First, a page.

Muhammad was illiterate. The text he received from Allah and dictated to scribes, compiled and referenced only eighteen years after his death in 632 CE, is called the Qur'an ("Recitation"; also transliterated as Koran). As one of the most recent of the world's scriptural texts, it has a strong historical basis. And because it cannot truthfully be translated from its original Arabic, we know exactly what Muhammad caused to be written, down to the very last word. For those who cannot read Arabic, it has, of course, been translated into various languages. But those translations are not considered to be valid copies of the Qur'an. They are simply aids.

The Qur'an is divided into 114 chapters (suras), which are further divided into a total of some 6,000 verses. In length, it is roughly the same as the Christian New Testament.

Sura 1 immediately places Allah at center stage:

In the name of God, Most gracious, Most Merciful, Praise be to God, The Cherisher and Sustainer of the Worlds: Most Gracious, Most merciful; Master of the Day of Judgment. Thee do we worship, And Thine aid we seek. Show us the straight way, The way of those on whom Thou hast bestowed Thy Grace, Those whose (portion) is not wrath, and who go not astray.

The Qur'an goes on to defines the quintessential monotheistic theological statement:

There is no God but [Allah]; That is the witness of Allah, His angels, and those endued with knowledge, standing firm on justice. There is no God but He, the Exalted in Power, the Wise (3:18)

Muhammad saw both Jews and Christians as people to whom God had spoken in the past. He called them People of the Book:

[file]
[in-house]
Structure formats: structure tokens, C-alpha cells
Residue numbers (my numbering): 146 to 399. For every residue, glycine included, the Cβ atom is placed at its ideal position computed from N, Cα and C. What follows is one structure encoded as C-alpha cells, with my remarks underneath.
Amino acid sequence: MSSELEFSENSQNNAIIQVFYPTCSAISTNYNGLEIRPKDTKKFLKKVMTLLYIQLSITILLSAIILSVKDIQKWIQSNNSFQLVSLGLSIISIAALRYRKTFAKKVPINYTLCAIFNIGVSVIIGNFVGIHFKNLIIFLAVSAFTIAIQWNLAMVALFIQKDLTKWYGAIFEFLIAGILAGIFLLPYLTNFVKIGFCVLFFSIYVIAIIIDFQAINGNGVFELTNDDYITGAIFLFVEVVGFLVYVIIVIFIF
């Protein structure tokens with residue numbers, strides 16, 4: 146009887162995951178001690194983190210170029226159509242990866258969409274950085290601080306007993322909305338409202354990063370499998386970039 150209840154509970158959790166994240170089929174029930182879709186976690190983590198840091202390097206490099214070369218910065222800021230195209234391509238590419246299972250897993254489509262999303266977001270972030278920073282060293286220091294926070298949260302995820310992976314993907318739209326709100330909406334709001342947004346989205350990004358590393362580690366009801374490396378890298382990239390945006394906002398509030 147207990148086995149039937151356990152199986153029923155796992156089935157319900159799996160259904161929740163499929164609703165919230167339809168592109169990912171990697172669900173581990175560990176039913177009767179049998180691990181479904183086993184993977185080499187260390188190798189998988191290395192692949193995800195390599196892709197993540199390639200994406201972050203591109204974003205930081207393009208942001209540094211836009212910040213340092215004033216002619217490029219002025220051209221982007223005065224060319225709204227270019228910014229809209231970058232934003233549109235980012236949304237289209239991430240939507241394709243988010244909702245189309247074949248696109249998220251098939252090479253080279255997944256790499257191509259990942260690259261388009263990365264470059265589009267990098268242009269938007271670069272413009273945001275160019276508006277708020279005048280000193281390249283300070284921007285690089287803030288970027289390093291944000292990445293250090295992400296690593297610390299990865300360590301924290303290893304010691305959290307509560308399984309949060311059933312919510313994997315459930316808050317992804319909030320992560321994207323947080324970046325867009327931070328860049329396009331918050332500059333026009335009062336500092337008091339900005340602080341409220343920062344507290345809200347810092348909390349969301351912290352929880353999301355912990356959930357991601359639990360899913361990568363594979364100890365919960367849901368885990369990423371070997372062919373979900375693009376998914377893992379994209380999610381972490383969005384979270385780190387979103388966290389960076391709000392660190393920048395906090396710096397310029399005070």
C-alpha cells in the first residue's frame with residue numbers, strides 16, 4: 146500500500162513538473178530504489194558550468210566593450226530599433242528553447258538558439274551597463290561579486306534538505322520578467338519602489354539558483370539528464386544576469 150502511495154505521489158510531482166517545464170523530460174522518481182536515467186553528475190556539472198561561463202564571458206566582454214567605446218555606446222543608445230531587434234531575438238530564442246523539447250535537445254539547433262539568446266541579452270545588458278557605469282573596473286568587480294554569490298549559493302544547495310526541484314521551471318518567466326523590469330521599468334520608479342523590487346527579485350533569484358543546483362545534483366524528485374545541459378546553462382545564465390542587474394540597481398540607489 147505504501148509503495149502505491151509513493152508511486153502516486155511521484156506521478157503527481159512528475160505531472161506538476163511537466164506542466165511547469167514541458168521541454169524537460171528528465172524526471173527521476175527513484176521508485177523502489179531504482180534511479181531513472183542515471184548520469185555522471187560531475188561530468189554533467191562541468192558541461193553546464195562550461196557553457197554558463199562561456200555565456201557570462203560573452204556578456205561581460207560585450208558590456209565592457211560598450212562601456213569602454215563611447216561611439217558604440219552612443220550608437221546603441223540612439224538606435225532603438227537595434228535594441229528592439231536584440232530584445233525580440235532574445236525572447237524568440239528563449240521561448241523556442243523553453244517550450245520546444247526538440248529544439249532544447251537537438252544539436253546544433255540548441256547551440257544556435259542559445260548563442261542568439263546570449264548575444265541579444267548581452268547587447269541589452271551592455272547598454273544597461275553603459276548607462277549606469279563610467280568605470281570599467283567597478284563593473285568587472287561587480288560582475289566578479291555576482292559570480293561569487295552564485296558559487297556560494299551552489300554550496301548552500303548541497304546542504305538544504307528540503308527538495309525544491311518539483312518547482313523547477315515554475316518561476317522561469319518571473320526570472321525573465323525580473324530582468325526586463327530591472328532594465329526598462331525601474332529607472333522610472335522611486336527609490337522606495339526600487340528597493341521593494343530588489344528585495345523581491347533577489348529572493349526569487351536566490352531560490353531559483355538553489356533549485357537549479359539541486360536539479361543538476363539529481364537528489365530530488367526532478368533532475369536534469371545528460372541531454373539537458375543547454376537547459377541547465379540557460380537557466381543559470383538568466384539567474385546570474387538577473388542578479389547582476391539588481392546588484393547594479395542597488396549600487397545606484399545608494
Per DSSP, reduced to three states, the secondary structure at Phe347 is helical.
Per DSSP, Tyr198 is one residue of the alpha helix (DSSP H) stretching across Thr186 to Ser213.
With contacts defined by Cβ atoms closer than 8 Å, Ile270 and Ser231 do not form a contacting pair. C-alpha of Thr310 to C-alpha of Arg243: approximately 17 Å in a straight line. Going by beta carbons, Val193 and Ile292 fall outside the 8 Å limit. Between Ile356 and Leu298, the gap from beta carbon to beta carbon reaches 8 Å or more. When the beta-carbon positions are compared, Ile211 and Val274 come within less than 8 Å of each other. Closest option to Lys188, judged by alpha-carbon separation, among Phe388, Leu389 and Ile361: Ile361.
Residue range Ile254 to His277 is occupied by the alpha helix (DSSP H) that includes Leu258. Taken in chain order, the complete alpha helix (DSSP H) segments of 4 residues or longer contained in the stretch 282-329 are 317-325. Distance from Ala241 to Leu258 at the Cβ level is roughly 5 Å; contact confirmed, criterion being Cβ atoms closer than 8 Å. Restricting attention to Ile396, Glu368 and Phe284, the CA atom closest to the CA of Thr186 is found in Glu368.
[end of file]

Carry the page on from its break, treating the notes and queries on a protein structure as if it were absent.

Mankind was one single nation, and Allah sent Messengers with glad tidings and warnings; and with them he sent the Book in truth, to judge between people in matters wherein they differed; but the People of the Book, after the clear Signs came to them, did not differ among themselves, except through selfish contumacy (2:213) ... Say, "O People of the Book! Come to common terms as between us and you: That we worship none but Allah" (3:64).

Many of the stories of the Jewish scriptures are told as well in the Qur'an:

He it is who created the heavens and the earth is Six Days. (57:4)

We said: O Adam! Dwell thou and they wife in the Garden; and eat of the bountiful things therein. (2:34)

And remember that Abraham was tried by his Lord with certain commands, which he fulfilled: He said, "I will make thee an Imam to the Nations." (2:124)

Behold! The angel said: "O Mary! Allah hath chosen thee and purified thee—chosen thee above the women of all nations." (3:42)

Then will Allah say: "O Jesus the son of Mary! Recount My favour to thee and to thy mother. Behold! I strengthened thee with the holy spirit, so that thou didst speak to the people in childhood and maturity." (5:110)

Many of the stories, of course, differ somewhat from their Jewish or Christian counterparts. Ishmael, Abraham's eldest son, is the one to whom a blessing is imparted, not Isaac, the youngest. Jesus is crucified and dies in the Christian scriptures. But in the Qur'an: "they killed him not, nor crucified him, but so it was made to appear to them, and those who differ therein are full of doubts, with no (certain) knowledge, but only conjecture to follow, for of a surety they killed him not: Nay, Allah raised him up unto himself: And Allah is exalted in power, Wise" (4:157-158).